Wednesday, January 18, 2017

Knox Co. employees offered incentive buyouts; about 90 to 100 eligible

Knox County is offering voluntary incentive buyouts to some of its long-time employees in what officials are calling a cost-cutting move that could save at least $1.6 million annually.

“It’s a cost-saving measure as well as an effort by the mayor to reduce the footprint of government,” said Michael Grider, the county’s communications director. "It's part of the mayor's conservative fiscal philosophy."

The county made the offer last week to some 800 employees but the plan will more than likely affect only 90 to 100 workers, said finance Director Chris Caldwell.

The move could "conservatively" cost about $1 million, but also save $1.6 million in that first year.

The goal, however, is to trim staffing by 25 to 50 positions, Caldwell said.

"Each employee has to determine if they want to apply," Caldwell said. "We are not targeting jobs. We are seeing who applies and then which positions those departments or fee offices can live without."

To qualify, employees must have at least 15 years of fulltime service with the county, a fee office or the sheriff's office. The buyouts do not apply to the school system.

The position also has to be one that goes unfilled or if it is filled, then the another job must be cut.

“The idea is not to let people retire early and incentivize that and then have to refill the position,” Grider said. “The idea is to save money.”

Employees who are approved will receive: three months of salary; a $300 payment for each full year of service; $3,000 to assist with medical coverage transition; health insurance for six months; and payment for accrued and unused vacation time.

When asked what brought about the move, Caldwell said: “The mayor is always looking for ways to save money and reduce government. It is not uncommon. The state has done this program in the past. It’s very similar to that."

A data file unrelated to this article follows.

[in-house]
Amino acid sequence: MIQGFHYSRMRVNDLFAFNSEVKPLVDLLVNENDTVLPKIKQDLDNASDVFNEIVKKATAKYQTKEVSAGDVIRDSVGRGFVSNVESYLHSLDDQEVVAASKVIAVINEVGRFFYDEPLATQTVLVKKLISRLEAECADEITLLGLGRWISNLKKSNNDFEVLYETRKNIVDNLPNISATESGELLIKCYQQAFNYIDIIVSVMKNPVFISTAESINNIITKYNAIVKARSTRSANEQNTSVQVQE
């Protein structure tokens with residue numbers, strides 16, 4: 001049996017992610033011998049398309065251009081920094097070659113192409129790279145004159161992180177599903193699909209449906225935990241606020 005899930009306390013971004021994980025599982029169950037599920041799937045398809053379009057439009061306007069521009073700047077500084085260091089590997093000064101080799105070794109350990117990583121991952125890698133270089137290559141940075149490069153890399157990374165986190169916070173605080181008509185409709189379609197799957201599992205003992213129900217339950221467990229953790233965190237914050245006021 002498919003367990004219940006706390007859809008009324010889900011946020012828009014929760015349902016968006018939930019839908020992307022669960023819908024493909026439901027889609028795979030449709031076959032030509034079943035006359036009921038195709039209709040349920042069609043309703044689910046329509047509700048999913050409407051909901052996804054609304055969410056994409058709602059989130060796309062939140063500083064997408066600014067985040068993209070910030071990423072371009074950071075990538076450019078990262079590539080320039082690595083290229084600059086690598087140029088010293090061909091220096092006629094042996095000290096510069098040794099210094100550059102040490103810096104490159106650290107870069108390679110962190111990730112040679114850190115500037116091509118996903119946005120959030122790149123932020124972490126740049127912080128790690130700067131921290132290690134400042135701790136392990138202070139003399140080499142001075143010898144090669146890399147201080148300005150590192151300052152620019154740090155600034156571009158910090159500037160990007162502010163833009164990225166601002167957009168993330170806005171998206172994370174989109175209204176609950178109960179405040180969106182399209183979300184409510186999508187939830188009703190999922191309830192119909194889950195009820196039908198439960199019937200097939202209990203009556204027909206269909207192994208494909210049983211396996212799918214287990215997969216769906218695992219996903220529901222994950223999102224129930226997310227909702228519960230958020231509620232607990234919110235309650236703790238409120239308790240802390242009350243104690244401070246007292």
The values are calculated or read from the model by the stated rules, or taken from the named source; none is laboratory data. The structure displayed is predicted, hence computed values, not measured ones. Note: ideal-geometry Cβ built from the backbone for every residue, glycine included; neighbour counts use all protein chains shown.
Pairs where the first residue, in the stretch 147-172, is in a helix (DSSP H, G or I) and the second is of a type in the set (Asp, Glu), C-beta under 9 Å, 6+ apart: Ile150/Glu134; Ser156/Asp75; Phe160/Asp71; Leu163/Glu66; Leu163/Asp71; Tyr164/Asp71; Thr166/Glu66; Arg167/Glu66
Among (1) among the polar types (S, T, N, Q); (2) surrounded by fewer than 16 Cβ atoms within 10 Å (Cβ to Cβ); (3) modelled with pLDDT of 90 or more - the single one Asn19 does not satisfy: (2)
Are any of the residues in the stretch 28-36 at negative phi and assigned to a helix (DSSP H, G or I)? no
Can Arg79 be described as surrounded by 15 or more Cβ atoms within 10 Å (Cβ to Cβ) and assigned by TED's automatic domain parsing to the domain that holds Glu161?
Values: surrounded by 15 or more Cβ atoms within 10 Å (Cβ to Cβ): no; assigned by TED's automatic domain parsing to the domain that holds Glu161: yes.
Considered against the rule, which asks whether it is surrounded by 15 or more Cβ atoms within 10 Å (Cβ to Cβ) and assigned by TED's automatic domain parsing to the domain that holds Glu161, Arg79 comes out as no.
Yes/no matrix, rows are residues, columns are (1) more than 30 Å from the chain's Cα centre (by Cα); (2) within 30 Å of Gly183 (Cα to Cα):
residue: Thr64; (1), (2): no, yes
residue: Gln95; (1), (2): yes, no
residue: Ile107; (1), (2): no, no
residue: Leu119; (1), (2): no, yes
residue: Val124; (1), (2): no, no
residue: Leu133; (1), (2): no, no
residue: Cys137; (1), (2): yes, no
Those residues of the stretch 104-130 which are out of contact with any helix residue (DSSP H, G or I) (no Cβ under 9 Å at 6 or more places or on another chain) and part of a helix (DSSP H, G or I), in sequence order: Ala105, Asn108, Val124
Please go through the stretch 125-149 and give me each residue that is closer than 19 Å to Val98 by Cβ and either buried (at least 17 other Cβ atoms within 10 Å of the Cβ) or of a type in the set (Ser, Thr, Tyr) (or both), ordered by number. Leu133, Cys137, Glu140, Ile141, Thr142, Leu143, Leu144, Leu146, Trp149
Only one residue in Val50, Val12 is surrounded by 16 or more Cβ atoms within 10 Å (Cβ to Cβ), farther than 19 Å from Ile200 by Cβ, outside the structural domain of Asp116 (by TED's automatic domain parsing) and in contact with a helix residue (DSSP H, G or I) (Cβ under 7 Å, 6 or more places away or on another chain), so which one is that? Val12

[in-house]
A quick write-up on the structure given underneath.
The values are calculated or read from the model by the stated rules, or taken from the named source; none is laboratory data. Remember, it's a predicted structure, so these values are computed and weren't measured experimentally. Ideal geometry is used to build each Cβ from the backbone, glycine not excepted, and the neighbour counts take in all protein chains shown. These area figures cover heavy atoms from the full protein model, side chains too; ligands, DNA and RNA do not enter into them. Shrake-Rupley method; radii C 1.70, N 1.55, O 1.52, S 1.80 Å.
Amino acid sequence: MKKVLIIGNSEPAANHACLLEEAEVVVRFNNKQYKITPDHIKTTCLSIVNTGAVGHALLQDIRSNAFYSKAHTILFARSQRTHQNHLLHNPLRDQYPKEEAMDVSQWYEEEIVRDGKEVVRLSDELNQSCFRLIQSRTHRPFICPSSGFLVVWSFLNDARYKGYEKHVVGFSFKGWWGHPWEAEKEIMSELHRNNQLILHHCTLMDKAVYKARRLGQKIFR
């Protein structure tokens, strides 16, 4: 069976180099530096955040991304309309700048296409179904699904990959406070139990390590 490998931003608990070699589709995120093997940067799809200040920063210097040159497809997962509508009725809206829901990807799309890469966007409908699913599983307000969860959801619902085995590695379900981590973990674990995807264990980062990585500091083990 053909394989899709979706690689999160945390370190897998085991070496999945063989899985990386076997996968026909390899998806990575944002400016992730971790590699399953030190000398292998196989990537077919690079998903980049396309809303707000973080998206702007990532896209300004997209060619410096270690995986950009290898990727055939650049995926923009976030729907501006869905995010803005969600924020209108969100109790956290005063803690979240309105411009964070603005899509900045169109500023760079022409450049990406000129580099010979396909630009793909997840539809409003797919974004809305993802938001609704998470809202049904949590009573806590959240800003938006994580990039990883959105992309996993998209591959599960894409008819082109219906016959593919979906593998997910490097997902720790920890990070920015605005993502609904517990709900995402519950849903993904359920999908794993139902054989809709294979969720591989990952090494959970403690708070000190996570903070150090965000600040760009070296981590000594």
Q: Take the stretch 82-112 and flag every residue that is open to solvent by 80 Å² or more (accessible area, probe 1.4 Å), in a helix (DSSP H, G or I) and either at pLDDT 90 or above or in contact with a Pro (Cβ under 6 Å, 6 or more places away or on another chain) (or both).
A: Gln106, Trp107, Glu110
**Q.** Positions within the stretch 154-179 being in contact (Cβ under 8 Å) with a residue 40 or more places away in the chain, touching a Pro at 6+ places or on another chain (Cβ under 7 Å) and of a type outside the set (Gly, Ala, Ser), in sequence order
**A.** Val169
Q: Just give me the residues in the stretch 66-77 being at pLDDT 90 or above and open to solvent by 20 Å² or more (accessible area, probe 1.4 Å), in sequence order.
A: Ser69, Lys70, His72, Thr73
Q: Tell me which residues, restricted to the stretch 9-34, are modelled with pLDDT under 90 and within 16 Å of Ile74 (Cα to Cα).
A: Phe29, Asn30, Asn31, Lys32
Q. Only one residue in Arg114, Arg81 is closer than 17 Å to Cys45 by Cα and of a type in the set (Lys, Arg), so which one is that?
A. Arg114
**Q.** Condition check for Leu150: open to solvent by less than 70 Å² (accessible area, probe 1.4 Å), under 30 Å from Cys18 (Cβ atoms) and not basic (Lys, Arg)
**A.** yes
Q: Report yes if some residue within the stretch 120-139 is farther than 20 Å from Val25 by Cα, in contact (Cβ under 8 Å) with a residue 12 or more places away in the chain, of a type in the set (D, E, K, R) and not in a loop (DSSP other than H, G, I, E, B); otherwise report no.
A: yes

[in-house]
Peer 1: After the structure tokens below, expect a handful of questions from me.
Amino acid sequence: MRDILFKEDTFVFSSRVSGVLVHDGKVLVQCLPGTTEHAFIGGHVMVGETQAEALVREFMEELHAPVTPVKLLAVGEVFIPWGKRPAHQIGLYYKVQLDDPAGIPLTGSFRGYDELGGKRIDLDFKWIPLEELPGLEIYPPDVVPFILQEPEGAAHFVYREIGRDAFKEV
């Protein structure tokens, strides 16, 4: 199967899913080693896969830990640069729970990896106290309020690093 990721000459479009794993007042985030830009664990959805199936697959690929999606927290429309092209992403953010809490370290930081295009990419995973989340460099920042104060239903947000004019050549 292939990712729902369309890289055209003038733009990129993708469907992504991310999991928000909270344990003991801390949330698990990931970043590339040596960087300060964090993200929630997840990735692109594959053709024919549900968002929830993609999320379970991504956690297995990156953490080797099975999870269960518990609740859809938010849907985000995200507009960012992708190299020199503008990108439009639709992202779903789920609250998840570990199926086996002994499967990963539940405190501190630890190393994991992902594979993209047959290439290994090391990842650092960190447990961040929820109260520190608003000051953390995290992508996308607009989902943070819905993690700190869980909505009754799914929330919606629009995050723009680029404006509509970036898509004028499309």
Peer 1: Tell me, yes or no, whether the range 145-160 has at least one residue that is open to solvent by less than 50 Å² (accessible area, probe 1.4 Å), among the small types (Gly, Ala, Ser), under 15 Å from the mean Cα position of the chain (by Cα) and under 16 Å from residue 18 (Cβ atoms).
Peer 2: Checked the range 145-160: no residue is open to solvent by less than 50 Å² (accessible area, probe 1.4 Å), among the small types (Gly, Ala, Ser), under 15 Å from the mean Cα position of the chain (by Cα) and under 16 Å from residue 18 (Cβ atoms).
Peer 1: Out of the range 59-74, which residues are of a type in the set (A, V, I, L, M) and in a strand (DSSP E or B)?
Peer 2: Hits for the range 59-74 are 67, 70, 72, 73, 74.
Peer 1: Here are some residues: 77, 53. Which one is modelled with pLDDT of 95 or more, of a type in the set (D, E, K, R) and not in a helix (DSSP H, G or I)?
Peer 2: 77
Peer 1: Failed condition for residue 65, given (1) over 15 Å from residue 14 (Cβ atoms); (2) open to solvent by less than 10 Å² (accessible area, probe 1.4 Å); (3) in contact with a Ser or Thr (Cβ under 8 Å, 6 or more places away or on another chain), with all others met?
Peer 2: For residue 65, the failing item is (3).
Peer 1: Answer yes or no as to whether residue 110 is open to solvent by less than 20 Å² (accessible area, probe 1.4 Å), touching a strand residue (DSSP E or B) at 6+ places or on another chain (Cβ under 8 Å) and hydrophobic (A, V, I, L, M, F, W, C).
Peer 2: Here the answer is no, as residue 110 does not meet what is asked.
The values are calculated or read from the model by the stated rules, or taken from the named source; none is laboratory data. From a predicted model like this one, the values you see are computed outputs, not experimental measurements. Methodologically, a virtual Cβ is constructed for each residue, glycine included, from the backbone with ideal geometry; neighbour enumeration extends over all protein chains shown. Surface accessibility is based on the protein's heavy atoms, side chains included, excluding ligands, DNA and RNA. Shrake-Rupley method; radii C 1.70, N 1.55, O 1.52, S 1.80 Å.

Employees have until March 3 to apply. Caldwell said a number of workers have submitted requests so far but officials have not begun processing them.

Knoxville City Council delays voting on self-pouring ordinance for now

Tuesday night's Knoxville City Council meeting featured a spirited debate over ordinances regulating who can and cannot pour a beer.

A group of hopeful Knoxville business owners tried to explain the potential new market at the two-hour meeting.

"It’s not a free for all. It's not open taps where you pay $20 to get in and you drink until you fall down," said Pour Taproom founder Nate Tomforde. "That's absolutely not what it's about."

Pour Taproom operates in three cities, and a group of owners wants to put a new one in Jackson Terminal in the Old City. Their proprietary technology allows beer drinkers to pour and pay by the ounce. Encouraging sampling, but cutting users off once they reach a certain limit set by the business.

"I don't think any of us were familiar with a self-pour bar,” said Councilman George Wallace.

After discussion, the city council voted 8-1 to postpone the voting on the ordinance in hopes of crafting an ordinance that would better regulate this type of business.

"The stop-gap measures they've put in to protect themselves and protect the public, what they've come up with is very ingenious,” Wallace said.

"It’s kind of flattering, that they're looking at us as a model of how they'll shape the ordinance in the future,” said Pour Taproom Knoxville CEO Joel McLead.

The group behind the Knoxville location will continue working in hopes of opening in the spring.

"The lease is signed, the coolers are ordered and the taps are on their way,” said McLead.

If the business opens before the new ordinance is approved, they will have bartenders pour beers, which would require more man power. However, McLead said that's not going to stop the business from opening.

Parents express desire for community based schools at public meeting

Dozens of parents and community members, primarily from the Hardin Valley community, met with Knox County Schools administrators Tuesday for another informational meeting about possible middle school redistricting due to the new Hardin Valley and Gibbs middle schools.

The main message from parents attending the meeting was a desire to keep community together in the same school. More than one parent said they purchased their current home because they wanted their kids to go to Hardin Valley schools.

Previous: KCS: New middle schools will change school enrollment zoning

Asked whether the district would reevaluate other school zones after the middle school redistricting process is complete, Interim Superintendent Buzz Thomas said it's possible the district would look at other schools zones in the future.